VTBoy

2004-Dec-02, 01:19 AM

What is your opinion of the Axiom of Choice. I find the Banach-Tarski paradox and WOP in the Reals to be very disturbing property of the Axiom of Choice. So whats your opinion of it.

View Full Version : Question for Math People: Axiom of Choice Good or Bad

VTBoy

2004-Dec-02, 01:19 AM

What is your opinion of the Axiom of Choice. I find the Banach-Tarski paradox and WOP in the Reals to be very disturbing property of the Axiom of Choice. So whats your opinion of it.

Severian

2004-Dec-02, 03:43 PM

It does allow some strange results, but I'm still in favor of it. The statement of the axiom that I like the best is "Any arbitrary product of nonempty sets is also nonempty" (even infinite). But I know people that don't like it, and I respect that, and I think most people do try to note if they are using it. There are some pretty slick results that use it in an essential way; I like the results, so I like the axiom ;)

Gerrsun

2004-Dec-02, 04:00 PM

It's got a nice beat but you can't dance to it, so I give it a 7. :P

martin

2004-Dec-02, 07:39 PM

What is your opinion of the Axiom of Choice. I find the Banach-Tarski paradox and WOP in the Reals to be very disturbing property of the Axiom of Choice. So whats your opinion of it.

So you are not learning with all the trouble you are starting with 0.999..., so we must defend real number system from attack :D

It is a long time since I am thinking on these things. It can be used to show existence of subsets of real line that are not measurable under system of Lebesgue measure. In more general, there are impossibility theorems about assignment of non-trivial measure to sigma-algebra on uncountable sets using axiom of choice. (I cannot remember what it is called, when every subset is measurable.) But maybe there are other ways to prove these...

Martin

So you are not learning with all the trouble you are starting with 0.999..., so we must defend real number system from attack :D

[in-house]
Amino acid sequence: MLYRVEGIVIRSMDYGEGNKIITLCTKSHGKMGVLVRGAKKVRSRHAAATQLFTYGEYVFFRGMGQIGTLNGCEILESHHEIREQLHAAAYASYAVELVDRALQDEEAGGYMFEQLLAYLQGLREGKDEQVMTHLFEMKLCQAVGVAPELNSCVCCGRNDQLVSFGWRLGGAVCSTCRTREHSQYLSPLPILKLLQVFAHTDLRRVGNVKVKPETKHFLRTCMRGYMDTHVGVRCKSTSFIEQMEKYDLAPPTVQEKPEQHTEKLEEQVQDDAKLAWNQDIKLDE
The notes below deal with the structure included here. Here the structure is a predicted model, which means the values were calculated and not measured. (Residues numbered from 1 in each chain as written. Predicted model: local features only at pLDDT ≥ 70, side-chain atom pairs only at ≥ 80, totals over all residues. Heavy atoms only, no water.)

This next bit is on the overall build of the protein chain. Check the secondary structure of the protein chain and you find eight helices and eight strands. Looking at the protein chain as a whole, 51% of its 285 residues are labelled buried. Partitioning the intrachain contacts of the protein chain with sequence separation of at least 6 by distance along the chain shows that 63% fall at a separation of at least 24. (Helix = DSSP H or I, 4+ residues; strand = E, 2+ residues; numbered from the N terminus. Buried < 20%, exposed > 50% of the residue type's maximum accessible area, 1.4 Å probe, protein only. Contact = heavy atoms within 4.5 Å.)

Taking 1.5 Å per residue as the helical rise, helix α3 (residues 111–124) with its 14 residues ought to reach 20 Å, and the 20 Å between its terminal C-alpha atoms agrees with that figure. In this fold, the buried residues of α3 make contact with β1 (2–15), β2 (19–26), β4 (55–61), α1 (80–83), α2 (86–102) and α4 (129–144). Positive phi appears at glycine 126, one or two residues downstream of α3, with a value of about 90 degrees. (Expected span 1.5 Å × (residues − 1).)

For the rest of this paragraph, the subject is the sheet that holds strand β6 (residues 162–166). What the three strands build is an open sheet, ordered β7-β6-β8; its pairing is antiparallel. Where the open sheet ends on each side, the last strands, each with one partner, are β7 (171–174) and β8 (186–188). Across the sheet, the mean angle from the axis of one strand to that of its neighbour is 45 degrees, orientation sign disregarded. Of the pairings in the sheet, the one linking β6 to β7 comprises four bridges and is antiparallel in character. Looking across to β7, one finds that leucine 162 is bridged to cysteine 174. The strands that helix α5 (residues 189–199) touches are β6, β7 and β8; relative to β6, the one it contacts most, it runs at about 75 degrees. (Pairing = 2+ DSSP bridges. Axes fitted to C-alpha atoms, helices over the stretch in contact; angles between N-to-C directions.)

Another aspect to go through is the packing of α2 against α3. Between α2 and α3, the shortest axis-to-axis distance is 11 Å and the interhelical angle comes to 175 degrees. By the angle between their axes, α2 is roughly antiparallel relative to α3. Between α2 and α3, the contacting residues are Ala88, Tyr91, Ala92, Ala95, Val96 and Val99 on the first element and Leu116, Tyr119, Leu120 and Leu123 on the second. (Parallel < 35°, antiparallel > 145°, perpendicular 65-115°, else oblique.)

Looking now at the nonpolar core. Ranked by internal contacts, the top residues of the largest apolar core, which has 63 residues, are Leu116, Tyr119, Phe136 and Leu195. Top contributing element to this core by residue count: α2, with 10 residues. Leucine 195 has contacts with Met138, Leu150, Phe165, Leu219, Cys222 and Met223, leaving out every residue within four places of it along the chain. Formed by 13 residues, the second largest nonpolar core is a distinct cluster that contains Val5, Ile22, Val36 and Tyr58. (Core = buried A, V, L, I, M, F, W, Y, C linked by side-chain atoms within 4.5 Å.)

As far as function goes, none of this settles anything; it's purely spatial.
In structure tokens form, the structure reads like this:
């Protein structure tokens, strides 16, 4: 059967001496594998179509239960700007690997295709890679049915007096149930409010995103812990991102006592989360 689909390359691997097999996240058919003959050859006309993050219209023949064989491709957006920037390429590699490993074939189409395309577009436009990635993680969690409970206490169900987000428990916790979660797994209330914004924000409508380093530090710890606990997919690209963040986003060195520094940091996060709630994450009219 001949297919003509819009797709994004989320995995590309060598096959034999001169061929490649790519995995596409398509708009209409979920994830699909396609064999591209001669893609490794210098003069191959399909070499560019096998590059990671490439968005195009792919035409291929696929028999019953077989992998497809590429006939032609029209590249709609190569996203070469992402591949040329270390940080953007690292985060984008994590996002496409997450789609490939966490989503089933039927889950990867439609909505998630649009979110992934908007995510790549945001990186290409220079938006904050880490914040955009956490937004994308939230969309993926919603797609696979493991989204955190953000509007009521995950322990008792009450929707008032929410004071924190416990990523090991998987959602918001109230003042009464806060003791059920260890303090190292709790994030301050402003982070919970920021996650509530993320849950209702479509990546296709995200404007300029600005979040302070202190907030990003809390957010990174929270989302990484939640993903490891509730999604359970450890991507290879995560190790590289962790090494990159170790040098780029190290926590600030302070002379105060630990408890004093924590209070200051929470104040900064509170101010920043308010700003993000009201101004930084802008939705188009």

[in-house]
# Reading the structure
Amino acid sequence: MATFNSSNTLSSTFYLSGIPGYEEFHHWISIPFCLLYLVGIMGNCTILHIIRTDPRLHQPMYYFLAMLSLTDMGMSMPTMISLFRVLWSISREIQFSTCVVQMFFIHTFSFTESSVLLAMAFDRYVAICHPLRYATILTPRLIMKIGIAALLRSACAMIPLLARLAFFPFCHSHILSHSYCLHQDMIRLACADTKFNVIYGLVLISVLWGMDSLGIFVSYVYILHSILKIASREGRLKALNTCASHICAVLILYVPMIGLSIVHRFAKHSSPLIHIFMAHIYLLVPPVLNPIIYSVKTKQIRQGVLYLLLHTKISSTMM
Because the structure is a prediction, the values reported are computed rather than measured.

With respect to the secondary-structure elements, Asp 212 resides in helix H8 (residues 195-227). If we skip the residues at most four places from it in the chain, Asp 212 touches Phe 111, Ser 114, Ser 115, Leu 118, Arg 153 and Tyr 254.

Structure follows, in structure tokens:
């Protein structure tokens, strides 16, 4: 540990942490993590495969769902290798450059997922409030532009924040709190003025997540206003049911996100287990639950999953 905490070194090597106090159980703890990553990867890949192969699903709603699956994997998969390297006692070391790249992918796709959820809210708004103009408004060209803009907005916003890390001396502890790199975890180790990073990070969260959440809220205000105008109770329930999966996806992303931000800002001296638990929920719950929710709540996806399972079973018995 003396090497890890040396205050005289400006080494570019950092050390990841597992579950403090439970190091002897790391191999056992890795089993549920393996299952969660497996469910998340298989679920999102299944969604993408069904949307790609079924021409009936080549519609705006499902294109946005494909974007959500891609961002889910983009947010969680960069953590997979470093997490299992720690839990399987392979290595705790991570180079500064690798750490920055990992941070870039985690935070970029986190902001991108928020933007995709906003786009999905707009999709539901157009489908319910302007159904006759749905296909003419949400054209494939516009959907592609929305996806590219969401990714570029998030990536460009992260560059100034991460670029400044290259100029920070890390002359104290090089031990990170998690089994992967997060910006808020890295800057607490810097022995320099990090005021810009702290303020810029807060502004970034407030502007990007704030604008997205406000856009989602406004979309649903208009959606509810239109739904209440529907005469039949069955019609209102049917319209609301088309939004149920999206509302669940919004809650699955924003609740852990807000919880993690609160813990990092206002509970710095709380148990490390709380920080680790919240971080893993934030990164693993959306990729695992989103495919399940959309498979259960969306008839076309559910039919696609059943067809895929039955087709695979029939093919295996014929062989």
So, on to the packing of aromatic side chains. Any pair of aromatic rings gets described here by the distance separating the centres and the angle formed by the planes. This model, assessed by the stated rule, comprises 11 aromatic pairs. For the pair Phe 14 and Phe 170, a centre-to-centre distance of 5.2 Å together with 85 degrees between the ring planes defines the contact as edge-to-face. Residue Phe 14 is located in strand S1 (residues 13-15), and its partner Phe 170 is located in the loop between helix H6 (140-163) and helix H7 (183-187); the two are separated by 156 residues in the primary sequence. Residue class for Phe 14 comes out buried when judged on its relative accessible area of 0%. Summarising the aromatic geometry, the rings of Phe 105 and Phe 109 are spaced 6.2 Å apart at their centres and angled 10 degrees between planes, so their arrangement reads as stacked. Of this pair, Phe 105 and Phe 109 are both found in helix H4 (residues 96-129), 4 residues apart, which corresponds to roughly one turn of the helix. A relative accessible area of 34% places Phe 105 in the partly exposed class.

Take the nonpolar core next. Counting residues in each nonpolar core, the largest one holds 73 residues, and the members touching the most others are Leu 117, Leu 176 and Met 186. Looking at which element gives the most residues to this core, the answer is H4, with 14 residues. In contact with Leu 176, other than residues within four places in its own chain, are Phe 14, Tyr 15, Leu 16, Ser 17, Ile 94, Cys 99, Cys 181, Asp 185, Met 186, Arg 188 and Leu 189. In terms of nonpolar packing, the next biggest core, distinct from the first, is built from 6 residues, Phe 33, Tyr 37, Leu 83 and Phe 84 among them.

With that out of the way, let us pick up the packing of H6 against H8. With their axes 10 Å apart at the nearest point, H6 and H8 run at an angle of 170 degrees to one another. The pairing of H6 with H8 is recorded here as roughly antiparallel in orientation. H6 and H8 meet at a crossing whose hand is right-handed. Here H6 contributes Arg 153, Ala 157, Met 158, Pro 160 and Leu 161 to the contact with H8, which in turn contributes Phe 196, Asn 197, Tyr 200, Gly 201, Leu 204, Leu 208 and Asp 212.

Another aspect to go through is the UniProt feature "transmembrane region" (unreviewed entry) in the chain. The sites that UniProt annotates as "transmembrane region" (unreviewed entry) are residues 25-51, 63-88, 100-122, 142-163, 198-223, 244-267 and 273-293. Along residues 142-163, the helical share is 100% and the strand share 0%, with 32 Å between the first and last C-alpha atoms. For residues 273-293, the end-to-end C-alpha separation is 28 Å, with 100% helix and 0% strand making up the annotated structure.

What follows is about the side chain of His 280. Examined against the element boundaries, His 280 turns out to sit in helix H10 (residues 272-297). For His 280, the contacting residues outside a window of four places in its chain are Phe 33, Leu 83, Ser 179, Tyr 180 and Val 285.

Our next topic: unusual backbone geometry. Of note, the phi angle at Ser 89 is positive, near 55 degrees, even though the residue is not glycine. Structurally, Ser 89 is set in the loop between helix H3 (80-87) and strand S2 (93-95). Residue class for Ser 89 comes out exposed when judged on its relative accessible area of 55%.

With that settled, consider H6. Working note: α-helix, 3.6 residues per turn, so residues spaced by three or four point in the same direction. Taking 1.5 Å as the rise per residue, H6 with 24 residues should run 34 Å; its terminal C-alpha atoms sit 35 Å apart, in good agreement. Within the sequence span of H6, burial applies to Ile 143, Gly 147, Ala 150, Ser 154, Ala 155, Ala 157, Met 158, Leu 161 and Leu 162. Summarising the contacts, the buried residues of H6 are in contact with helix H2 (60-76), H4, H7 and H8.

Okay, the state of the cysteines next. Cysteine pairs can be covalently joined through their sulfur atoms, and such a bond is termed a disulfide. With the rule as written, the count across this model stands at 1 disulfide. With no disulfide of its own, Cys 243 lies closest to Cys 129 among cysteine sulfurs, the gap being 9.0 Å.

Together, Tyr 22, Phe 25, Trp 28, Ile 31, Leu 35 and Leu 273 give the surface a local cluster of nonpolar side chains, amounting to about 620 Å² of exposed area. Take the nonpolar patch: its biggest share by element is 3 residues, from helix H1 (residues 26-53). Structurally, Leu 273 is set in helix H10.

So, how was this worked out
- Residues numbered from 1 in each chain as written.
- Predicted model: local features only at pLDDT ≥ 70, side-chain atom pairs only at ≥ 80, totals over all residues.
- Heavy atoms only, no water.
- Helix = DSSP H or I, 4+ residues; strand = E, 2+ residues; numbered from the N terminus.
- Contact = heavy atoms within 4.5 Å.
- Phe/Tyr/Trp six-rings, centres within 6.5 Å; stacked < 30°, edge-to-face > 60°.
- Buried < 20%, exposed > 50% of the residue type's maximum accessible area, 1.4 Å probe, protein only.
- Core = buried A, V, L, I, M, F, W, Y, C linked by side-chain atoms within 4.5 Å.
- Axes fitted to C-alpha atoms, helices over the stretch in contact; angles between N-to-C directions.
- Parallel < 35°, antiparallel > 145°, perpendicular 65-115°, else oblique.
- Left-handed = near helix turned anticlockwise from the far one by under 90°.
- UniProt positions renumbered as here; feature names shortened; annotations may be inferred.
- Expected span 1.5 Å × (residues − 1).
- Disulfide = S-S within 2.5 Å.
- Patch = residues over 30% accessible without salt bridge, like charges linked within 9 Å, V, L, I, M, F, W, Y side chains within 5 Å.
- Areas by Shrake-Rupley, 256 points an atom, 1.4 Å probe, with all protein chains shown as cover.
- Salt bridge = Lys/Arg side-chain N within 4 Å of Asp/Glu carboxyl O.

It is a long time since I am thinking on these things. It can be used to show existence of subsets of real line that are not measurable under system of Lebesgue measure. In more general, there are impossibility theorems about assignment of non-trivial measure to sigma-algebra on uncountable sets using axiom of choice. (I cannot remember what it is called, when every subset is measurable.) But maybe there are other ways to prove these...

Martin

Disinfo Agent

2004-Dec-02, 08:20 PM

Well, rejecting the AC makes life considerably more difficult for mathematicians:

The full strength of the Axiom of Choice does not seem to be needed for applied mathematics. Some weaker principle such as CC or DC generally would suffice. To see this, consider that any application is based on measurements, but humans can only make finitely many measurements. We can extrapolate and take limits, but usually those limits are sequential, so even in theory we cannot make use of more than countably many measurements. The resulting spaces are separable. Even if we use a nonseparable space such as L^(infinity), this may be merely to simplify our notation; the relevant action may all be happening in some separable subspace, which we could identify with just a bit more effort. (Thus, in some sense, nonseparable spaces exist only in the imagination of mathematicians.) If we restrict our attention to separable spaces, then much of conventional analysis still works with AC replaced by CC or DC. However, the resulting exposition is then more complicated, and so this route is only followed by a few mathematicians who have strong philosophical leanings against AC.

Axiom of Choice (http://www.math.vanderbilt.edu/~schectex/ccc/choice.html)

The full strength of the Axiom of Choice does not seem to be needed for applied mathematics. Some weaker principle such as CC or DC generally would suffice. To see this, consider that any application is based on measurements, but humans can only make finitely many measurements. We can extrapolate and take limits, but usually those limits are sequential, so even in theory we cannot make use of more than countably many measurements. The resulting spaces are separable. Even if we use a nonseparable space such as L^(infinity), this may be merely to simplify our notation; the relevant action may all be happening in some separable subspace, which we could identify with just a bit more effort. (Thus, in some sense, nonseparable spaces exist only in the imagination of mathematicians.) If we restrict our attention to separable spaces, then much of conventional analysis still works with AC replaced by CC or DC. However, the resulting exposition is then more complicated, and so this route is only followed by a few mathematicians who have strong philosophical leanings against AC.

Axiom of Choice (http://www.math.vanderbilt.edu/~schectex/ccc/choice.html)

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